In the 1950s, Kentuckians flocked to drive-in theaters to enjoy the latest movies from the comfort of their own automobiles. While there were only 16 drive-in theaters in the state in 1948, 10 years later there were approximately 117 drive-in theaters along Kentucky’s major highways. Typically, these theaters were located on the edge of a town on a major arterial roadway marked by a theater marquee (sign) for maximum visibility.
Drive-in theater grounds were usually 10 to 20 acres. The first element the motorist would notice when approaching the theater was, of course, the gigantic screen onto which movies were projected from a small projection booth. It was common for the projection booth to share space with the concession stand. Much of the theater’s profits came from sale of candy, soft drinks, hamburgers, french fries and popcorn peddled during the movie intermission or prior to the main film.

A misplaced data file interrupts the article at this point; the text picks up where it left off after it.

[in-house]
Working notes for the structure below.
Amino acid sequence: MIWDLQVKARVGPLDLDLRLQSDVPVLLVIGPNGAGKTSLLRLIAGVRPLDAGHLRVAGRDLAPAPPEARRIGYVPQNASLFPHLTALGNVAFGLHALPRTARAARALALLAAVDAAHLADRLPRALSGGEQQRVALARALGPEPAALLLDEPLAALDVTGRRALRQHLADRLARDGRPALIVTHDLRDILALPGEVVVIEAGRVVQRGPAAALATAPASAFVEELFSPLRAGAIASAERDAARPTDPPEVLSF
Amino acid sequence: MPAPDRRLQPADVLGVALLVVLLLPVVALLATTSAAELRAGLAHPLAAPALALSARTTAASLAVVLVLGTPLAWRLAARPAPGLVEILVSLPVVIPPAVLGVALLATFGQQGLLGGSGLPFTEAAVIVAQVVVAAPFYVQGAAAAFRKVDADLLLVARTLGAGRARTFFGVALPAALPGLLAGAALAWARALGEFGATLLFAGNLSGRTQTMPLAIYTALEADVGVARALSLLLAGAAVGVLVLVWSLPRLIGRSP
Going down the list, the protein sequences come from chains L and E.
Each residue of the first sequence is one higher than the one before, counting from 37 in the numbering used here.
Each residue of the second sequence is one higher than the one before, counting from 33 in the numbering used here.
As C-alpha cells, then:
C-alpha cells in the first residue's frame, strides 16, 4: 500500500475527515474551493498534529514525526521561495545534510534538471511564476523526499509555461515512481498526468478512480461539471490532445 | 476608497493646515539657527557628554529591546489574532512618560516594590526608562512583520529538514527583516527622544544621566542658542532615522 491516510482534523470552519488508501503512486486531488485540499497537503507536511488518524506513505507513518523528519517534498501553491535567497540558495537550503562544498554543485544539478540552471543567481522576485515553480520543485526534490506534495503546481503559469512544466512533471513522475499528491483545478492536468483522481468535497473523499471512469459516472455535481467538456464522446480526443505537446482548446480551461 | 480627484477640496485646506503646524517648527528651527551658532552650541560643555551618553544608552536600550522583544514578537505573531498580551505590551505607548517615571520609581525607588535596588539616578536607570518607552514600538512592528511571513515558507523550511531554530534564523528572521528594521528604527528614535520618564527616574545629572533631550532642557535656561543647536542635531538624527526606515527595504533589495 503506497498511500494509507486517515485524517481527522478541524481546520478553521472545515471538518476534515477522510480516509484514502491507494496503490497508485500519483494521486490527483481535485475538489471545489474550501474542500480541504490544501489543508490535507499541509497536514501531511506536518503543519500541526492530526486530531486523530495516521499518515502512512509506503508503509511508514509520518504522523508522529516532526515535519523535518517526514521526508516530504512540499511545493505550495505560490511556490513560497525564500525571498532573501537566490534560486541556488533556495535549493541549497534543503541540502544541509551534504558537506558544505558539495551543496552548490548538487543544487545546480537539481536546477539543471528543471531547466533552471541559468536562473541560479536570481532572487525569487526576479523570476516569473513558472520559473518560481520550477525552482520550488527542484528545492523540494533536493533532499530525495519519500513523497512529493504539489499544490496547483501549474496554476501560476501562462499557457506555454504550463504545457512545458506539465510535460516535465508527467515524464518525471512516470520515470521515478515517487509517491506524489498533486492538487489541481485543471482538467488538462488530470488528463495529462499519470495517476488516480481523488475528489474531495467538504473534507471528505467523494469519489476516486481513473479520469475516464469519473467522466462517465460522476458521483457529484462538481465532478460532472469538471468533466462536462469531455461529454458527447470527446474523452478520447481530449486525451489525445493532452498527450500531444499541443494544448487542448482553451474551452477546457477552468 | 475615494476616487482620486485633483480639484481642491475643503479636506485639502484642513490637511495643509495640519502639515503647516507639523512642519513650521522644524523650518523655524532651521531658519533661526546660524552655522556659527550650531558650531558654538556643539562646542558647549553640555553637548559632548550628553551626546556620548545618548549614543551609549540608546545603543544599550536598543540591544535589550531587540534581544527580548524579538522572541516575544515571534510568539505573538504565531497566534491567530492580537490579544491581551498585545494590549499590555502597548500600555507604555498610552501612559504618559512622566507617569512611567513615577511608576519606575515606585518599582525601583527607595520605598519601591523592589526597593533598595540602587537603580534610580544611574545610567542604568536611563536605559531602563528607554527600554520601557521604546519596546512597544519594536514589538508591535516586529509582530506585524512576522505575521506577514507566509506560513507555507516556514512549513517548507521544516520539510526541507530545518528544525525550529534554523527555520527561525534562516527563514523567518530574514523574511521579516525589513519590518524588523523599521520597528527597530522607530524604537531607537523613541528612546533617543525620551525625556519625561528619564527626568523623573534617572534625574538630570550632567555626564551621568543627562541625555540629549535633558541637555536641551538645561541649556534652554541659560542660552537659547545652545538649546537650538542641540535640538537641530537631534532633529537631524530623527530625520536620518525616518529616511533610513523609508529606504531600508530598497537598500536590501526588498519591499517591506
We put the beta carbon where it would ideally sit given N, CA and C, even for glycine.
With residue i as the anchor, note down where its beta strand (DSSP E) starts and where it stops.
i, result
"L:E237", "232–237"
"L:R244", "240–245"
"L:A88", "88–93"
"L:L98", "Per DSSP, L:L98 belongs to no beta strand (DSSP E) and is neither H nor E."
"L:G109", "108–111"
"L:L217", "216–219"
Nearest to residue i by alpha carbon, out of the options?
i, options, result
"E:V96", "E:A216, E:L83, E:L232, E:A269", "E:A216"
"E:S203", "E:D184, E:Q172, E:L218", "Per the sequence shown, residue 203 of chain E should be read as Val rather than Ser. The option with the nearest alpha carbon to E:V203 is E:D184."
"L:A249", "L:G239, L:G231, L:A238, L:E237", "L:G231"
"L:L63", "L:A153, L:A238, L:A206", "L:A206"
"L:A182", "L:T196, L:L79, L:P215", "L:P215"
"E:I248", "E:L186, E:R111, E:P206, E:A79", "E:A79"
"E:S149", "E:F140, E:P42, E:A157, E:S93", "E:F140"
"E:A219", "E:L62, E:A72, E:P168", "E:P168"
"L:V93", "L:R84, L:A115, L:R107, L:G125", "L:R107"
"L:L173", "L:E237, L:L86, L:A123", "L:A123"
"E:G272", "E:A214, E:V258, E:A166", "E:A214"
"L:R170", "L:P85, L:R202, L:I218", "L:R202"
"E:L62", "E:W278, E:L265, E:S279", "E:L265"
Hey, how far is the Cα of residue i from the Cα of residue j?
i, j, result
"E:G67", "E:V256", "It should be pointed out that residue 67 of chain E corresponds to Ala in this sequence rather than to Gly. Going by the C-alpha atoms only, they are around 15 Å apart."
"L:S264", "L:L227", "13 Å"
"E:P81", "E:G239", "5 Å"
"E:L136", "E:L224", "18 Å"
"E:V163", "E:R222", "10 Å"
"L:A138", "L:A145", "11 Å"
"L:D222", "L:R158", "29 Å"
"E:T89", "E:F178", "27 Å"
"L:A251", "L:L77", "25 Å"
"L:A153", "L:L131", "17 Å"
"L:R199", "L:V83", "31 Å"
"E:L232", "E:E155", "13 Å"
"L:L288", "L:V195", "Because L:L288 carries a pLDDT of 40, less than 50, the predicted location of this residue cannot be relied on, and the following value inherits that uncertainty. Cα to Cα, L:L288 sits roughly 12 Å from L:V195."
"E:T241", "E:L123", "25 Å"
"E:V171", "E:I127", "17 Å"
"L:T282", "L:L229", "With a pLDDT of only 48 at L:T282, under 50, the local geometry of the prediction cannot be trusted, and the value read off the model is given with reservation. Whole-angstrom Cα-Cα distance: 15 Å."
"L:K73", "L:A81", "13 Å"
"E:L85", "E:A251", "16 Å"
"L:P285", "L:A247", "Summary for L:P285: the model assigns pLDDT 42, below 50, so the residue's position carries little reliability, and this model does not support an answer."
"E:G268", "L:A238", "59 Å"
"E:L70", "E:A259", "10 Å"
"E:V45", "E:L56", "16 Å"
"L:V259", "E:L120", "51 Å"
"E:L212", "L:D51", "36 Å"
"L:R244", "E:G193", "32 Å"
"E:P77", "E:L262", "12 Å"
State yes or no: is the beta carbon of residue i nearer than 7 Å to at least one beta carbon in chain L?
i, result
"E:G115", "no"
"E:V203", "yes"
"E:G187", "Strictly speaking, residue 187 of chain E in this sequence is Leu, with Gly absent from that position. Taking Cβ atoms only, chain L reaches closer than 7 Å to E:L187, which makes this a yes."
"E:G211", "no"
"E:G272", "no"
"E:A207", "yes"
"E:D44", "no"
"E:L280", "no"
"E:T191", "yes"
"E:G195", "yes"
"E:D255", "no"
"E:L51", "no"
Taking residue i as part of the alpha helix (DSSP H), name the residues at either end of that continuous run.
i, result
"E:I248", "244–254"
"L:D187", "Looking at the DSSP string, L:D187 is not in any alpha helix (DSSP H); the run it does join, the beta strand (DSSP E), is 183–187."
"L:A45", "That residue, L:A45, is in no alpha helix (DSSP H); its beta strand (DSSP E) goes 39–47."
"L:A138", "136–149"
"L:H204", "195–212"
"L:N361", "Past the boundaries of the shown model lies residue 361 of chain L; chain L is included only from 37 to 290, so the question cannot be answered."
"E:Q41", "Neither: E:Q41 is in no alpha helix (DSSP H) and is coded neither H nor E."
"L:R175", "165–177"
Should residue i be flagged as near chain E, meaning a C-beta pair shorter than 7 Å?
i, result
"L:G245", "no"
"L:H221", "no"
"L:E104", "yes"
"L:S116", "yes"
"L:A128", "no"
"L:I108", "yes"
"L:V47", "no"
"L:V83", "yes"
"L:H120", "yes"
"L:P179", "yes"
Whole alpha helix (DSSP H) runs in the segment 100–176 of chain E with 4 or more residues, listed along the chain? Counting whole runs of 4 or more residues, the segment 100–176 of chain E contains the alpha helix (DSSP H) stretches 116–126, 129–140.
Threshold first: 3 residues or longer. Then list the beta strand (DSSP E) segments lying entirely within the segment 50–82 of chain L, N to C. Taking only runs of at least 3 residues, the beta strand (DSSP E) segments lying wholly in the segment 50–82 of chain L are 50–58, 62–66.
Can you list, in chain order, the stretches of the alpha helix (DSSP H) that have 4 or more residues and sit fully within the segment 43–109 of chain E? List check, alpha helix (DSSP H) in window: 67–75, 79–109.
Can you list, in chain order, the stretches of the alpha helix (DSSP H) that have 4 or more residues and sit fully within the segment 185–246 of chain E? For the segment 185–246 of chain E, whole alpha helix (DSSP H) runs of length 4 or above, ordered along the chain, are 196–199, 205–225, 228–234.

Frequently, cartoon features were shown before the main adult movie, in order to entertain children before they supposedly fell asleep in the back of the family car.
Entry into the viewing space came from a ticket booth situated to intercept all incoming vehicles. Upon paying the inexpensive per-carload fee, the automobile could travel along a series of paved ramps that encircled the screen. The driver could then pull up to a speaker post through which to hear the movie’s sound. Like other types of roadside commercial architecture of the 1950s, the theater’s projection booth, ticket stand and marquee were all decorated with exaggerated features meant to imply speed, progress and modernity.